His life was one of public service. Born in Cape Town, he took his medical degree at the University of Cape Town in 1976. Two years later he was conscripted to serve in the South African Defence Force (SADF), and although he vehemently opposed its operations, leaving South Africa was never an option for him. He did his six-months national service, but in the capacity of a non-combatant doctor in Namibia. Returning to Cape Town, he became the sole doctor servicing a population of some 60,000 in the squatter camp of Crossroads.

In September 1983, a three-week confrontation erupted between the Crossroads community and police as a result of squatters erecting "illegal structures". The brutalities of the SADF made Toms determined never again to serve in the army. He decided to go public with his opinions in the press and became a founder member of the ECC. In February 1985, the Government decided to forcibly remove the Crossroads settlement, resulting in several deaths and injuries. Toms and his clinic team stayed for four days attending to the injured. That year he went on a three-week hunger strike in opposition to the deployment of troops in black townships. "As a Christian, I am obliged to say no, to say never again will I put on that SADF uniform," he said.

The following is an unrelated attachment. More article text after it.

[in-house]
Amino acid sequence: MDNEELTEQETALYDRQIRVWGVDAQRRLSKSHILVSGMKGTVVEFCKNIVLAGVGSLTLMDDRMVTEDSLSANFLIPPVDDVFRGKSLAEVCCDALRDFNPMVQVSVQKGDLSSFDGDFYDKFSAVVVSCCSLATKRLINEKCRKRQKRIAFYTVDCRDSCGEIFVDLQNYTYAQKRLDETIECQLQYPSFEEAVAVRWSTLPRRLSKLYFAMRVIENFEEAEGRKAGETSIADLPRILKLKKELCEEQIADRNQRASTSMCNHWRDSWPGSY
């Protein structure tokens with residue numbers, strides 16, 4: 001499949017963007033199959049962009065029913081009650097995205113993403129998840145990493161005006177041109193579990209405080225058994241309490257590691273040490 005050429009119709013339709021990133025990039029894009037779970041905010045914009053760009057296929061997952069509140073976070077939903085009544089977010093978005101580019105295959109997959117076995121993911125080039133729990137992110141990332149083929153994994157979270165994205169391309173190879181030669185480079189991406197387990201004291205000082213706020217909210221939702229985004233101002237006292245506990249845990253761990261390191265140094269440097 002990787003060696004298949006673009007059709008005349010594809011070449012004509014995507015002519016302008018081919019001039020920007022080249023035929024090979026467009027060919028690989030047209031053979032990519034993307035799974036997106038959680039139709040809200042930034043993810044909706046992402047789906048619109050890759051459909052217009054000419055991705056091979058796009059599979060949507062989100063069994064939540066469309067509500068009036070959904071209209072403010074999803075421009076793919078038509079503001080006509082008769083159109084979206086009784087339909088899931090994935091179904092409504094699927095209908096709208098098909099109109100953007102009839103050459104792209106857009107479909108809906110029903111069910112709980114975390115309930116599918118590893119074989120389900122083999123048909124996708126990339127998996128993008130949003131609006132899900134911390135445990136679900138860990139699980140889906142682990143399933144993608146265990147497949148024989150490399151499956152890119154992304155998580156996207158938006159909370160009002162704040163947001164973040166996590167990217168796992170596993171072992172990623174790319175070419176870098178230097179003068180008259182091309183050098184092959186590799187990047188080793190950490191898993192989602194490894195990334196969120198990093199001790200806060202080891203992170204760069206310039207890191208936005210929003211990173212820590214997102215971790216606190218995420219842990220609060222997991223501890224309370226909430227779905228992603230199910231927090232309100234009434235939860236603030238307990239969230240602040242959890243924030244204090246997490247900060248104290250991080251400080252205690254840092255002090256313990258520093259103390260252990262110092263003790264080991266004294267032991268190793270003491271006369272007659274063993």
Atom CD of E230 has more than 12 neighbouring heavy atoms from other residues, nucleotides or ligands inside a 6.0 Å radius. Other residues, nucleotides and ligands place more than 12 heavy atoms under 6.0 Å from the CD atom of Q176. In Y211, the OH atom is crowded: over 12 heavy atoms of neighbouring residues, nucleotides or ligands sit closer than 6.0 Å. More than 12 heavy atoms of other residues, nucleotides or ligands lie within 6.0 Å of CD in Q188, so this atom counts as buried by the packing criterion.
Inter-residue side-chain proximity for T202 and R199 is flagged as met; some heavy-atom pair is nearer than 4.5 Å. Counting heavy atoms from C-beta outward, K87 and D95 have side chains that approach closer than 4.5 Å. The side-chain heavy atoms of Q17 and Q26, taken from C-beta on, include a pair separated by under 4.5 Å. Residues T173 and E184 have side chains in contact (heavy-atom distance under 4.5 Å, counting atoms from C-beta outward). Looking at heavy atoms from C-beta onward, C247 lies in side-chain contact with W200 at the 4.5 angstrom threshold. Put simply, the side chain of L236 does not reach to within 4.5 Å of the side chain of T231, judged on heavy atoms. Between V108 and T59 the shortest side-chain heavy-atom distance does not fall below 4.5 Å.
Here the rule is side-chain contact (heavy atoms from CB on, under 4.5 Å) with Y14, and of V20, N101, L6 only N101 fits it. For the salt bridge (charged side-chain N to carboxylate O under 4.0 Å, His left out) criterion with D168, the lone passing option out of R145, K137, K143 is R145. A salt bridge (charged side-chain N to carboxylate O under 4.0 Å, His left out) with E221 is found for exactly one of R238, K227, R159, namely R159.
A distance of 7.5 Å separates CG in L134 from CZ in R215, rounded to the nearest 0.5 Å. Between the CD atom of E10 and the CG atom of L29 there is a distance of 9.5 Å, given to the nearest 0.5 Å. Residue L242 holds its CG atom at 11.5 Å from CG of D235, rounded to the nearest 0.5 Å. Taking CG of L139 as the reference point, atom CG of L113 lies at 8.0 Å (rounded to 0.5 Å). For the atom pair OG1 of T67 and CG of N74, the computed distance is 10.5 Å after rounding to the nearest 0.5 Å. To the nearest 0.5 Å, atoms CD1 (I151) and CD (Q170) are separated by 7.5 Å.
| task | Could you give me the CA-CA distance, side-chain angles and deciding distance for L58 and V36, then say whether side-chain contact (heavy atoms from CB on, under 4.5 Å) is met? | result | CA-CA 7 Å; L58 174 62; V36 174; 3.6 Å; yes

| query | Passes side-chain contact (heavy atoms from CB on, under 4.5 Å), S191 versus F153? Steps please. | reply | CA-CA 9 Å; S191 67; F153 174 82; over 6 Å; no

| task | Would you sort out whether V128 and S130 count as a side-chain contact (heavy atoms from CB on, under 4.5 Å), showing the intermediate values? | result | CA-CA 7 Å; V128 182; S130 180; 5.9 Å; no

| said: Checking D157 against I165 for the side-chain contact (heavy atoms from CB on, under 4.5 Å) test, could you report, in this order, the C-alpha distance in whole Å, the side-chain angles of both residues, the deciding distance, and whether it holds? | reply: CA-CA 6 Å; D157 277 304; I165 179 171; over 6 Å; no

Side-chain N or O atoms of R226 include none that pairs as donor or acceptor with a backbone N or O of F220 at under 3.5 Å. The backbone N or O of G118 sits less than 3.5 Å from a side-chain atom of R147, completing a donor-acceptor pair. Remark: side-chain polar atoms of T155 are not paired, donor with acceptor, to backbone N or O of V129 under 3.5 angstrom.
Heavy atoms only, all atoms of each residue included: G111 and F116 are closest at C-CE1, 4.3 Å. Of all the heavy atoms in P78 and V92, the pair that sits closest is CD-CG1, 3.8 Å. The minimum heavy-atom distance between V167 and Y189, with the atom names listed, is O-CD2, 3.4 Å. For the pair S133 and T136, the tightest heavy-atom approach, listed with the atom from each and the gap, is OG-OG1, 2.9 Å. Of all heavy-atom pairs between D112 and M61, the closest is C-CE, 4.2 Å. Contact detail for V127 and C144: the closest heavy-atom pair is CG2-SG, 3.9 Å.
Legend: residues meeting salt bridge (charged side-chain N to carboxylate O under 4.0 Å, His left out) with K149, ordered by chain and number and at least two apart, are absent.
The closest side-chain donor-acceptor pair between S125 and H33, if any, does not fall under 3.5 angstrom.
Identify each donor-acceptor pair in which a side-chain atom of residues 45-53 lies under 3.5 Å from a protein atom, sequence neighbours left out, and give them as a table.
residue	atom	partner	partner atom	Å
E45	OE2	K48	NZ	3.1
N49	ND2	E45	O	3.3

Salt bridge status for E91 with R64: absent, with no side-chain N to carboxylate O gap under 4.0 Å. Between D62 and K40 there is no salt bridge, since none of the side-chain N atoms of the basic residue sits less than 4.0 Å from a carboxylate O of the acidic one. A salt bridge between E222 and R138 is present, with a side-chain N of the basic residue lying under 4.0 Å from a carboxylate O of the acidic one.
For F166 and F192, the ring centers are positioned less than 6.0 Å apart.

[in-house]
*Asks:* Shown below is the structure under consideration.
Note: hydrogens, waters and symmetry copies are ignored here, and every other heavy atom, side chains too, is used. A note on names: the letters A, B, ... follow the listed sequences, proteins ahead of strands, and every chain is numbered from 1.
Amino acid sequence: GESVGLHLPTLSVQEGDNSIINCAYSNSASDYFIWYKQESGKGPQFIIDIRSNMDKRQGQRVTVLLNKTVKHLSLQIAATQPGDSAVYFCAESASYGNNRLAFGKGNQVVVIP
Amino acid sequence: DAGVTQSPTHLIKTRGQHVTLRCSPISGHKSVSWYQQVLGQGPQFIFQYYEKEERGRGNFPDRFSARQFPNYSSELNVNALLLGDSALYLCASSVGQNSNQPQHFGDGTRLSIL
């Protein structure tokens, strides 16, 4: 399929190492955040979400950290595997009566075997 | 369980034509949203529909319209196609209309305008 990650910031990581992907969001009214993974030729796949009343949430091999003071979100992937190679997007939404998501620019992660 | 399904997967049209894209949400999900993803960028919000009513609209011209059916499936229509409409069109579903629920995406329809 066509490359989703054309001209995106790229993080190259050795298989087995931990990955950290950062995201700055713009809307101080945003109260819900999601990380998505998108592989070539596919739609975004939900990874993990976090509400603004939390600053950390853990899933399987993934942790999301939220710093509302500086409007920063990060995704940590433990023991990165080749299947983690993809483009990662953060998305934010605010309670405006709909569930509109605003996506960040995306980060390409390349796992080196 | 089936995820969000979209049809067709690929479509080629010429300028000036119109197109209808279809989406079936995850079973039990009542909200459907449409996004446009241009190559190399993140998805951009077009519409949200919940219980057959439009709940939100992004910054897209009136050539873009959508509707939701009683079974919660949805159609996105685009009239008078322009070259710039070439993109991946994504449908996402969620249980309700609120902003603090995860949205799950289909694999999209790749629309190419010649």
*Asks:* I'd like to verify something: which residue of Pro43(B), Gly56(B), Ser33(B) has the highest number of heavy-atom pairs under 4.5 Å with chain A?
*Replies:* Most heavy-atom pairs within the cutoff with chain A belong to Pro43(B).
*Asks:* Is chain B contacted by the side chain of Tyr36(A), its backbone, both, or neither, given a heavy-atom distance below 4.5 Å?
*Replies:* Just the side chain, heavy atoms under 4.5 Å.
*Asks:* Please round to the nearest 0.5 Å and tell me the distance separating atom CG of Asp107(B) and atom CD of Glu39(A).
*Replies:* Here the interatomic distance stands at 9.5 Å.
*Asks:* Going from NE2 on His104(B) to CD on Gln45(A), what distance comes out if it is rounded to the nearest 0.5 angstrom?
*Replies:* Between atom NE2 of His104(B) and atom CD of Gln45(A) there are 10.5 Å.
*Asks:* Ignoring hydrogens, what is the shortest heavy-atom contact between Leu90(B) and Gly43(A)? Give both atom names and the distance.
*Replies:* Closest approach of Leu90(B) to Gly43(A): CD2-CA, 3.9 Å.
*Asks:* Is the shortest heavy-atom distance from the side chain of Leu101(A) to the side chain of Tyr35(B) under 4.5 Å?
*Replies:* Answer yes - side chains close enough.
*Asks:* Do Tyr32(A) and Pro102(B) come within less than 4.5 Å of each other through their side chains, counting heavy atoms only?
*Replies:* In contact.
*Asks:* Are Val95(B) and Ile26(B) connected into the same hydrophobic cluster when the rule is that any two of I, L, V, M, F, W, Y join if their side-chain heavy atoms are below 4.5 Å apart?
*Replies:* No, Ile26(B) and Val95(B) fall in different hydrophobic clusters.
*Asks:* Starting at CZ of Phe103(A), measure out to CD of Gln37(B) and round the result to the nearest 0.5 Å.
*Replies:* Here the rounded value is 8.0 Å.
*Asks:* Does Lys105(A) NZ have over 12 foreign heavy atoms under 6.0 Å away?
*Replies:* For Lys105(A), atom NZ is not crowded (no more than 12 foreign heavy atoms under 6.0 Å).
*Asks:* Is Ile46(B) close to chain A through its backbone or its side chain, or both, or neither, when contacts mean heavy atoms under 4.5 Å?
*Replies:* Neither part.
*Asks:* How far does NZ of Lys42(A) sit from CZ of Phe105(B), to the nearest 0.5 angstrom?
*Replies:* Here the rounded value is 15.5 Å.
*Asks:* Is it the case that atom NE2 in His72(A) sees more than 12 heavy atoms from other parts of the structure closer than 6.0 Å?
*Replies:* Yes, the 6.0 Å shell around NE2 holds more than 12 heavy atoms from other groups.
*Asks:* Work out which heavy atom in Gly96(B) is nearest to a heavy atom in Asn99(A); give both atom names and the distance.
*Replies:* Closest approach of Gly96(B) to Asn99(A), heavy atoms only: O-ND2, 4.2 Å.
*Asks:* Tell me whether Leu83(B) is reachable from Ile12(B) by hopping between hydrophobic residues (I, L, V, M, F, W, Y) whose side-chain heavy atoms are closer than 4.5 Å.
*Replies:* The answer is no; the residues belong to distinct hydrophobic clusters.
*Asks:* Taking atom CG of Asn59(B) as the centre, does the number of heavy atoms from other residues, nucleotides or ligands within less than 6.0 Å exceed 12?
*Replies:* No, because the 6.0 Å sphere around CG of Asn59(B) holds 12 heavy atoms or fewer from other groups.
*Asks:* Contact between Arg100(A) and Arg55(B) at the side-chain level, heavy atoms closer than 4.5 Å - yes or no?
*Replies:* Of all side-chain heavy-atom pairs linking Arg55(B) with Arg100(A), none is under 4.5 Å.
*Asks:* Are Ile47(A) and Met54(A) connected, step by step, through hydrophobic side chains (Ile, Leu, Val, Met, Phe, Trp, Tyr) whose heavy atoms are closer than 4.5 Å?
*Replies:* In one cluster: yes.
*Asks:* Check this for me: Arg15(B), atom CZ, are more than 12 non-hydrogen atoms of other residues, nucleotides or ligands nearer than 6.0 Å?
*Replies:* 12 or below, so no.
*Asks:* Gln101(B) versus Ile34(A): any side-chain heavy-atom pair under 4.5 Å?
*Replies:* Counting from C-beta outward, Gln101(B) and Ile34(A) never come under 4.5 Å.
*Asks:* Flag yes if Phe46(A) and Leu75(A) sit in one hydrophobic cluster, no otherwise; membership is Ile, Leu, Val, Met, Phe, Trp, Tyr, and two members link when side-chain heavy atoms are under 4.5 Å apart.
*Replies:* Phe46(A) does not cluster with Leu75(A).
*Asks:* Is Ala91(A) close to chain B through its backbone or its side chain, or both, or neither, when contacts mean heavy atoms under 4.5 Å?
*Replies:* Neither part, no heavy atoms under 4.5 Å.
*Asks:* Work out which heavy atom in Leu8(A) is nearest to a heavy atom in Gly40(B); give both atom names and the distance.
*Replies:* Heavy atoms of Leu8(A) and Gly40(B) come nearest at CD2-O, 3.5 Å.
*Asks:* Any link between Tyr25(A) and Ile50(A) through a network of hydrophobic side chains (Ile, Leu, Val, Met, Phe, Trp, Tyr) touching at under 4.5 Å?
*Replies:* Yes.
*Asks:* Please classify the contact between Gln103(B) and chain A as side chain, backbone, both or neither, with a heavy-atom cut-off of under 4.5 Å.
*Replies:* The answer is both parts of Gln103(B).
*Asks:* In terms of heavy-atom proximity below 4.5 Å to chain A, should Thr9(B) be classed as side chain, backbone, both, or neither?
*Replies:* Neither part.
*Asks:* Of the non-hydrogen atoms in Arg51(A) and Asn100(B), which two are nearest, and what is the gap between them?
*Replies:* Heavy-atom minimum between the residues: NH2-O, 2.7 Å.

In 1986, the SADF took control of the clinic and in July 1987, Toms refused to accept a one-month call-up to a military camp and suffered intense victimisation at the hands of the SADF.